|What is your path in our world...|
Somehow I knew writing was my eventual path by age 10. I wrote in my journals religiously. No one ever told me to write... In those days I devoured magazines, a study of our strange and evolving American culture. At one period in my 20s and 30s, I wrote three to 20 pages a day. That led to the discipline I needed to be a writer and have a solid "skill set" to do the work.
By early 1996 I did not choose journalism; it chose me. First I was hired as editor at a weekly newspaper in Hayward, Wisconsin. Then Paul DeMain, the publisher of News From Indian Country, hired me that fall. It was obvious to me I only wanted to write about Native people and Native news. Paul and I created Ojibwe Akiing about a month after I started. After four years and a variety of duties on two Native newspapers, I had earned my unofficial degree in Native journalism from Paul DeMain.
The poet warrior John Trudell's life is a source of my inspiration. Trudell suffered the loss of his entire family in a fire, which could have ended his life as a writer and activist. How he healed is how I intend to heal my own recent losses of close friends and beloved family members.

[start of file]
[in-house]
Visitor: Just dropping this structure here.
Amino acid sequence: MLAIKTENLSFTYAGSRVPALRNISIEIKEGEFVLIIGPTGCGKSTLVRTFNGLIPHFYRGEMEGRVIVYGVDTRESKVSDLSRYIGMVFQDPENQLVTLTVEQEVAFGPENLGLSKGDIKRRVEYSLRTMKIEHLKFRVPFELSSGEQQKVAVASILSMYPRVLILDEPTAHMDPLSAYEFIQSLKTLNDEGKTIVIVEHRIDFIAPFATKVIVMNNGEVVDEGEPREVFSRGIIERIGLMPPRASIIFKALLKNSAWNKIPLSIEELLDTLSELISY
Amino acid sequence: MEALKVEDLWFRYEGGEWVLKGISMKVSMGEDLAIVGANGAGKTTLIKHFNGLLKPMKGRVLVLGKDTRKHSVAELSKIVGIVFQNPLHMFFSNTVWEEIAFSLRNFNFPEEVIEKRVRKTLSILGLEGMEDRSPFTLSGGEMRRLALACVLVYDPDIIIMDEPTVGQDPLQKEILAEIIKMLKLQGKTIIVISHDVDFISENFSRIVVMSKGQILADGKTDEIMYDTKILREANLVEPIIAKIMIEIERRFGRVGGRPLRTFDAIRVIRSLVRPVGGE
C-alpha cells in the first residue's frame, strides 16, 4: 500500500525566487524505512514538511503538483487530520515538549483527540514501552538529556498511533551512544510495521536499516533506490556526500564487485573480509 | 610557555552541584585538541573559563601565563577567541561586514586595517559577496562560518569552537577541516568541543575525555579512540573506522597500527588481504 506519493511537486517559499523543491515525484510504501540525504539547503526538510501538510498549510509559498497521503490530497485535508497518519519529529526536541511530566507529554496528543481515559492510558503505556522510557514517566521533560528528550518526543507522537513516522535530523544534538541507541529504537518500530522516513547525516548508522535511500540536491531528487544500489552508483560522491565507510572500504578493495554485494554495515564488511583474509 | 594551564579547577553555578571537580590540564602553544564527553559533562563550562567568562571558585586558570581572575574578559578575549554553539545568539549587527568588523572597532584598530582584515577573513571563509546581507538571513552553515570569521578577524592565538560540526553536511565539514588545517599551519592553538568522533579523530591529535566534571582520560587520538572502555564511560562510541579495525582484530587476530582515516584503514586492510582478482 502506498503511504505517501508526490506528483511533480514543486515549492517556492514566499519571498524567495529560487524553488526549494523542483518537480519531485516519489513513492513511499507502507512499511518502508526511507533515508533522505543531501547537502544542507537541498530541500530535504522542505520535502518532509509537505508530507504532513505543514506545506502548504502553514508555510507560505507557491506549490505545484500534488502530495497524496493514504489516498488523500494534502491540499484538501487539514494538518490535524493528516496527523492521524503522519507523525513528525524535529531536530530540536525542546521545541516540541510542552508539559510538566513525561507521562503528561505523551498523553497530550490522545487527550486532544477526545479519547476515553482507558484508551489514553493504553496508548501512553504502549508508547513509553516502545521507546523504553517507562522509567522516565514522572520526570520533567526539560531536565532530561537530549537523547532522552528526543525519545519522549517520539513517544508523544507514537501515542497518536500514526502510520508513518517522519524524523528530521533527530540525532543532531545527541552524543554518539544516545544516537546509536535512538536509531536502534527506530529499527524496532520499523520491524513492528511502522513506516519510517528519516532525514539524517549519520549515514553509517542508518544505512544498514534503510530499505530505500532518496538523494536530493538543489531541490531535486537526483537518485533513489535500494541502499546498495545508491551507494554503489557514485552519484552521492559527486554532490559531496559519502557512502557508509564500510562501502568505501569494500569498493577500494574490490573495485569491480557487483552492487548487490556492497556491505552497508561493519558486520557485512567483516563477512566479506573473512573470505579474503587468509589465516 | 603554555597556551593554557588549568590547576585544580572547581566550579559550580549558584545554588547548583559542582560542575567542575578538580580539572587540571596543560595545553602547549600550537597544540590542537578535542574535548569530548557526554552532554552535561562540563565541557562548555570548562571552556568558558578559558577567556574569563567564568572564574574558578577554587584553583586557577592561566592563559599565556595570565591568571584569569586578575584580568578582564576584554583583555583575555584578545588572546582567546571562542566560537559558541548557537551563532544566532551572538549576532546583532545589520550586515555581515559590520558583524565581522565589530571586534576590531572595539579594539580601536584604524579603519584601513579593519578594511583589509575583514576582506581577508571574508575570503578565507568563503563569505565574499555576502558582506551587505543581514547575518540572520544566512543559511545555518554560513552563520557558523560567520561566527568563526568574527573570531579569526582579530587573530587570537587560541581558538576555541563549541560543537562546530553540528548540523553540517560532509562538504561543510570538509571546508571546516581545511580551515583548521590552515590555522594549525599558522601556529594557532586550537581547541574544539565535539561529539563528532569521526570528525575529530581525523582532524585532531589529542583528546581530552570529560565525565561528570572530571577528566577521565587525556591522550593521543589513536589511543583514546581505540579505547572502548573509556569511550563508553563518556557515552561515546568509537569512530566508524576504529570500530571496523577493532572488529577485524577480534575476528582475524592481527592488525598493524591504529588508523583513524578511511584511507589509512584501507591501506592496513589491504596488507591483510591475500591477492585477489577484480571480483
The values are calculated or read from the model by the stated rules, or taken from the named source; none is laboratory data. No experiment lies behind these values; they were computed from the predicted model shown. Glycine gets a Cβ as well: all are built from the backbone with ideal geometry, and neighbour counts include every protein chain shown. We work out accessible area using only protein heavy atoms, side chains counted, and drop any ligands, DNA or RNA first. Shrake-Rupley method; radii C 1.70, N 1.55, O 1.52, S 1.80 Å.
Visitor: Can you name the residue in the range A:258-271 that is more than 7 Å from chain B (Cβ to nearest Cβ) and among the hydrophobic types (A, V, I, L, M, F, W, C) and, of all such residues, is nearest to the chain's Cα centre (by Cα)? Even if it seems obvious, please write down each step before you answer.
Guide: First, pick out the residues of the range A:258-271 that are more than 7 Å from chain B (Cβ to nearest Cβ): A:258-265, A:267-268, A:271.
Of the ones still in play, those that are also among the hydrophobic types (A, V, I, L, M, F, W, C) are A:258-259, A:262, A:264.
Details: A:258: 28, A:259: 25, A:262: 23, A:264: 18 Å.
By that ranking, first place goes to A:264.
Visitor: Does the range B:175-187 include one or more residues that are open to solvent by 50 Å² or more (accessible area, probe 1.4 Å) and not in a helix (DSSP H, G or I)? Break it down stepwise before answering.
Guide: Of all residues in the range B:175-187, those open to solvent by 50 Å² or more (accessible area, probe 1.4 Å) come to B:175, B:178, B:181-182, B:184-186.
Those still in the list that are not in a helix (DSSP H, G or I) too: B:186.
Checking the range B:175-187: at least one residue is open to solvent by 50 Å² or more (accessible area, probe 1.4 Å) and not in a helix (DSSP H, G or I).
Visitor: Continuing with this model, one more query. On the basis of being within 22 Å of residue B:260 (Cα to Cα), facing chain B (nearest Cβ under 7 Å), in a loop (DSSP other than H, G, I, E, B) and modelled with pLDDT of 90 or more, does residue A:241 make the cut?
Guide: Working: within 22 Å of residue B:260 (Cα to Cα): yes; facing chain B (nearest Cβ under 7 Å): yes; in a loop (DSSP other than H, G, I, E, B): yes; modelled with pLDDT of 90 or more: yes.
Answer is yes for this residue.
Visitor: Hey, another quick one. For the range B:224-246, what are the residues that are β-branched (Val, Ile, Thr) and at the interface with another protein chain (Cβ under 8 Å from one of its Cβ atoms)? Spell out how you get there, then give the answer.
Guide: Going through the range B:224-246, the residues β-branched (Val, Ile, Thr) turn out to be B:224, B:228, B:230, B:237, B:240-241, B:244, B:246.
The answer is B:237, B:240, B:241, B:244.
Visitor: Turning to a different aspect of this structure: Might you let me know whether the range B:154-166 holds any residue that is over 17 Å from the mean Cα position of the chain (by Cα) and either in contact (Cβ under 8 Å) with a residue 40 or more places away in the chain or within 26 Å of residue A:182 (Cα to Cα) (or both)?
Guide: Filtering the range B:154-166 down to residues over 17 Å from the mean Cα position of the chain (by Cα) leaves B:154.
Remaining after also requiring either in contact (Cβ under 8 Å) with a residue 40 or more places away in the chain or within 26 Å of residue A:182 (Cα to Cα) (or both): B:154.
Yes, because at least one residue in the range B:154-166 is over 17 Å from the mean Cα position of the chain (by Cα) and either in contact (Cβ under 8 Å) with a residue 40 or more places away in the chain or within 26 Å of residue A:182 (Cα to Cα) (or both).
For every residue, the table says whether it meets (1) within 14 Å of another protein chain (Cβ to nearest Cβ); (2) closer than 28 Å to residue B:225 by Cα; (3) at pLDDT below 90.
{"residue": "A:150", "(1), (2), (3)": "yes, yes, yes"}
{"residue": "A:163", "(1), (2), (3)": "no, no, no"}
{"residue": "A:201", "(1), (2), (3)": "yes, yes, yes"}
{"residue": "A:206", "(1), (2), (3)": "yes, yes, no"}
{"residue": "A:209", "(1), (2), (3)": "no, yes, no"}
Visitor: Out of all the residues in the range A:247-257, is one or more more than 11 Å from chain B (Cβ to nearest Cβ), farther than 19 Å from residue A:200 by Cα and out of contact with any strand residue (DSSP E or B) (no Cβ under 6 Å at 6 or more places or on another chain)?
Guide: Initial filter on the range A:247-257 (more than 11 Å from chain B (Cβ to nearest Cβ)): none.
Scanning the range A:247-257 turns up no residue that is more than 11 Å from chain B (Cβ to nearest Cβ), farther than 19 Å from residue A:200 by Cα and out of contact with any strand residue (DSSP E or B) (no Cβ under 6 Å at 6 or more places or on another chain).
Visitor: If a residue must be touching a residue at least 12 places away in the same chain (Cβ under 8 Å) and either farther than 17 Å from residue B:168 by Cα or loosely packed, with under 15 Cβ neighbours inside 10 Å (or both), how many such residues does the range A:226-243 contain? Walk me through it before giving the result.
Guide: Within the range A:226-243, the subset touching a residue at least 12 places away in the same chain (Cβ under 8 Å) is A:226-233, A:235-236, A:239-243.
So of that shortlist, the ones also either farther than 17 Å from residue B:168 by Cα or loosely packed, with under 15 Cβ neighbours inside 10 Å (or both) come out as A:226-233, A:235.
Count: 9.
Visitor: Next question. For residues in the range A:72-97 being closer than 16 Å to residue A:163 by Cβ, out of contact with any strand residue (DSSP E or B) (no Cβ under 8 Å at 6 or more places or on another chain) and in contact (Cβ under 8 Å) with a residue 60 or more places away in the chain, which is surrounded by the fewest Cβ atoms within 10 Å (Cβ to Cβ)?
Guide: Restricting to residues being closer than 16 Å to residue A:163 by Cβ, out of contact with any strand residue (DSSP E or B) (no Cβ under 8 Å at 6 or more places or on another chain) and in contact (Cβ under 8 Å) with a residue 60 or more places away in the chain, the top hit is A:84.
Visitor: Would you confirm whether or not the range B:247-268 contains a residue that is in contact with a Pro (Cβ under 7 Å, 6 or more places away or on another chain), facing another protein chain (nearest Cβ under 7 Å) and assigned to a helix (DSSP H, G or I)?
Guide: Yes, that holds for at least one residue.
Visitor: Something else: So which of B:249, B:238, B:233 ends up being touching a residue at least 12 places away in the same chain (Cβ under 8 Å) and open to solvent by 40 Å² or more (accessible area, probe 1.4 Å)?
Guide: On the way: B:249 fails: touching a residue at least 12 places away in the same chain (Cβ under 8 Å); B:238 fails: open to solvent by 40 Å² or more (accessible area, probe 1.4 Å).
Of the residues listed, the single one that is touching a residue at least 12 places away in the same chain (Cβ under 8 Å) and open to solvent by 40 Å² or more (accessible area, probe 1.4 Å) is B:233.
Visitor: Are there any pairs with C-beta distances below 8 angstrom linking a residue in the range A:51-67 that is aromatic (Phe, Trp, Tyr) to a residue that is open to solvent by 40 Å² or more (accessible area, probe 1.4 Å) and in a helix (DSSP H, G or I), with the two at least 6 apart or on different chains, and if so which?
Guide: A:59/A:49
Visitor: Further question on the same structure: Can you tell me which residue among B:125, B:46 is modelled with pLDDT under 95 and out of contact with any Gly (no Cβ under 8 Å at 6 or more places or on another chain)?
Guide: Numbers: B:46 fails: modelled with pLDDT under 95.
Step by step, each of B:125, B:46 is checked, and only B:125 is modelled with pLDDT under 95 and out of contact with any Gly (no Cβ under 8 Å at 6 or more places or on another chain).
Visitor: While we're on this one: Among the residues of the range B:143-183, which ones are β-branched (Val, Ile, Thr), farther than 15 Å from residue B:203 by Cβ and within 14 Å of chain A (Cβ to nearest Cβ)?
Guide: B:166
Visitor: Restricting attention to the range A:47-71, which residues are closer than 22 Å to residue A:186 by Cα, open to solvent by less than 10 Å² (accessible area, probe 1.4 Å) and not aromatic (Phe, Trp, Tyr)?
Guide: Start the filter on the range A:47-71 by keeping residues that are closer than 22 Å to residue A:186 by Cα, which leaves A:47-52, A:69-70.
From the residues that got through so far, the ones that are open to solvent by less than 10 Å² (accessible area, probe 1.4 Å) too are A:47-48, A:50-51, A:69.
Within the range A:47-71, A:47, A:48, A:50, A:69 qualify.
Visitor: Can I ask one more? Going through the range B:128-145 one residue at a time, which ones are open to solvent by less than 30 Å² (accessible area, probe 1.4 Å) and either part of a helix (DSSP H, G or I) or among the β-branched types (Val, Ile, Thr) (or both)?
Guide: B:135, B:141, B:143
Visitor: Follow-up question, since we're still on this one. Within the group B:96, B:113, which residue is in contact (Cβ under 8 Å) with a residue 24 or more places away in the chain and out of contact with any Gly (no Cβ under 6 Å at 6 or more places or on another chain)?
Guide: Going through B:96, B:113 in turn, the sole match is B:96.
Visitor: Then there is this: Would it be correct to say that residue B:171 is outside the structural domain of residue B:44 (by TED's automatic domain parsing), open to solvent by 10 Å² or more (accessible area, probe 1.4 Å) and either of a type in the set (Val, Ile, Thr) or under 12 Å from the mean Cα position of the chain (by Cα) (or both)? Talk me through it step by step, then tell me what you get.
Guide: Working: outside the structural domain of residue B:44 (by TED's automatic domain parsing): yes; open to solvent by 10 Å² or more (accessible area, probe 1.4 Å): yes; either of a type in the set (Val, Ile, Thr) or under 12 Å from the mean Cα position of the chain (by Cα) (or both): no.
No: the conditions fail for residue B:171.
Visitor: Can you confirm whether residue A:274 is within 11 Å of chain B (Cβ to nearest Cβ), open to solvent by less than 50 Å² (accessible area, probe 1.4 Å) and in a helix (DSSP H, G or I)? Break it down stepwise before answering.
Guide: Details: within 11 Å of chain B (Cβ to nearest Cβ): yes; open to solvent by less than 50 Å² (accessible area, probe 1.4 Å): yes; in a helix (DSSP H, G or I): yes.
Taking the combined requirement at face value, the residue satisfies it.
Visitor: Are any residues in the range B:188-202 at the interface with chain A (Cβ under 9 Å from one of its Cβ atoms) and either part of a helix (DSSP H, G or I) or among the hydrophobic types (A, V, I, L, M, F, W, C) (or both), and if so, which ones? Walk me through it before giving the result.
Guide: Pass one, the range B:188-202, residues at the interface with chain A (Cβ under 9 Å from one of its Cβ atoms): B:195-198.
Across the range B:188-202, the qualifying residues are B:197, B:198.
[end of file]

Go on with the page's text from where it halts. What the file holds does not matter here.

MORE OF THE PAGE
How we heal is entirely up to us, but we have to chose it. If we bury and deny our grief, it will inevitably hurt us more. Even our being adopted is a path. Where it leads is up to us.
After the tragedies, Trudell began to write in a manner as fearless and uncompromising as his political stance with the American Indian Movement, by picking up the pen... He said, "When I went to the writing, it was the most vengeful thing I could do. I won't say I started writing out of love. When I started out to write, I did not want to explode. Writing lines, poems, songs -- that became my explosion."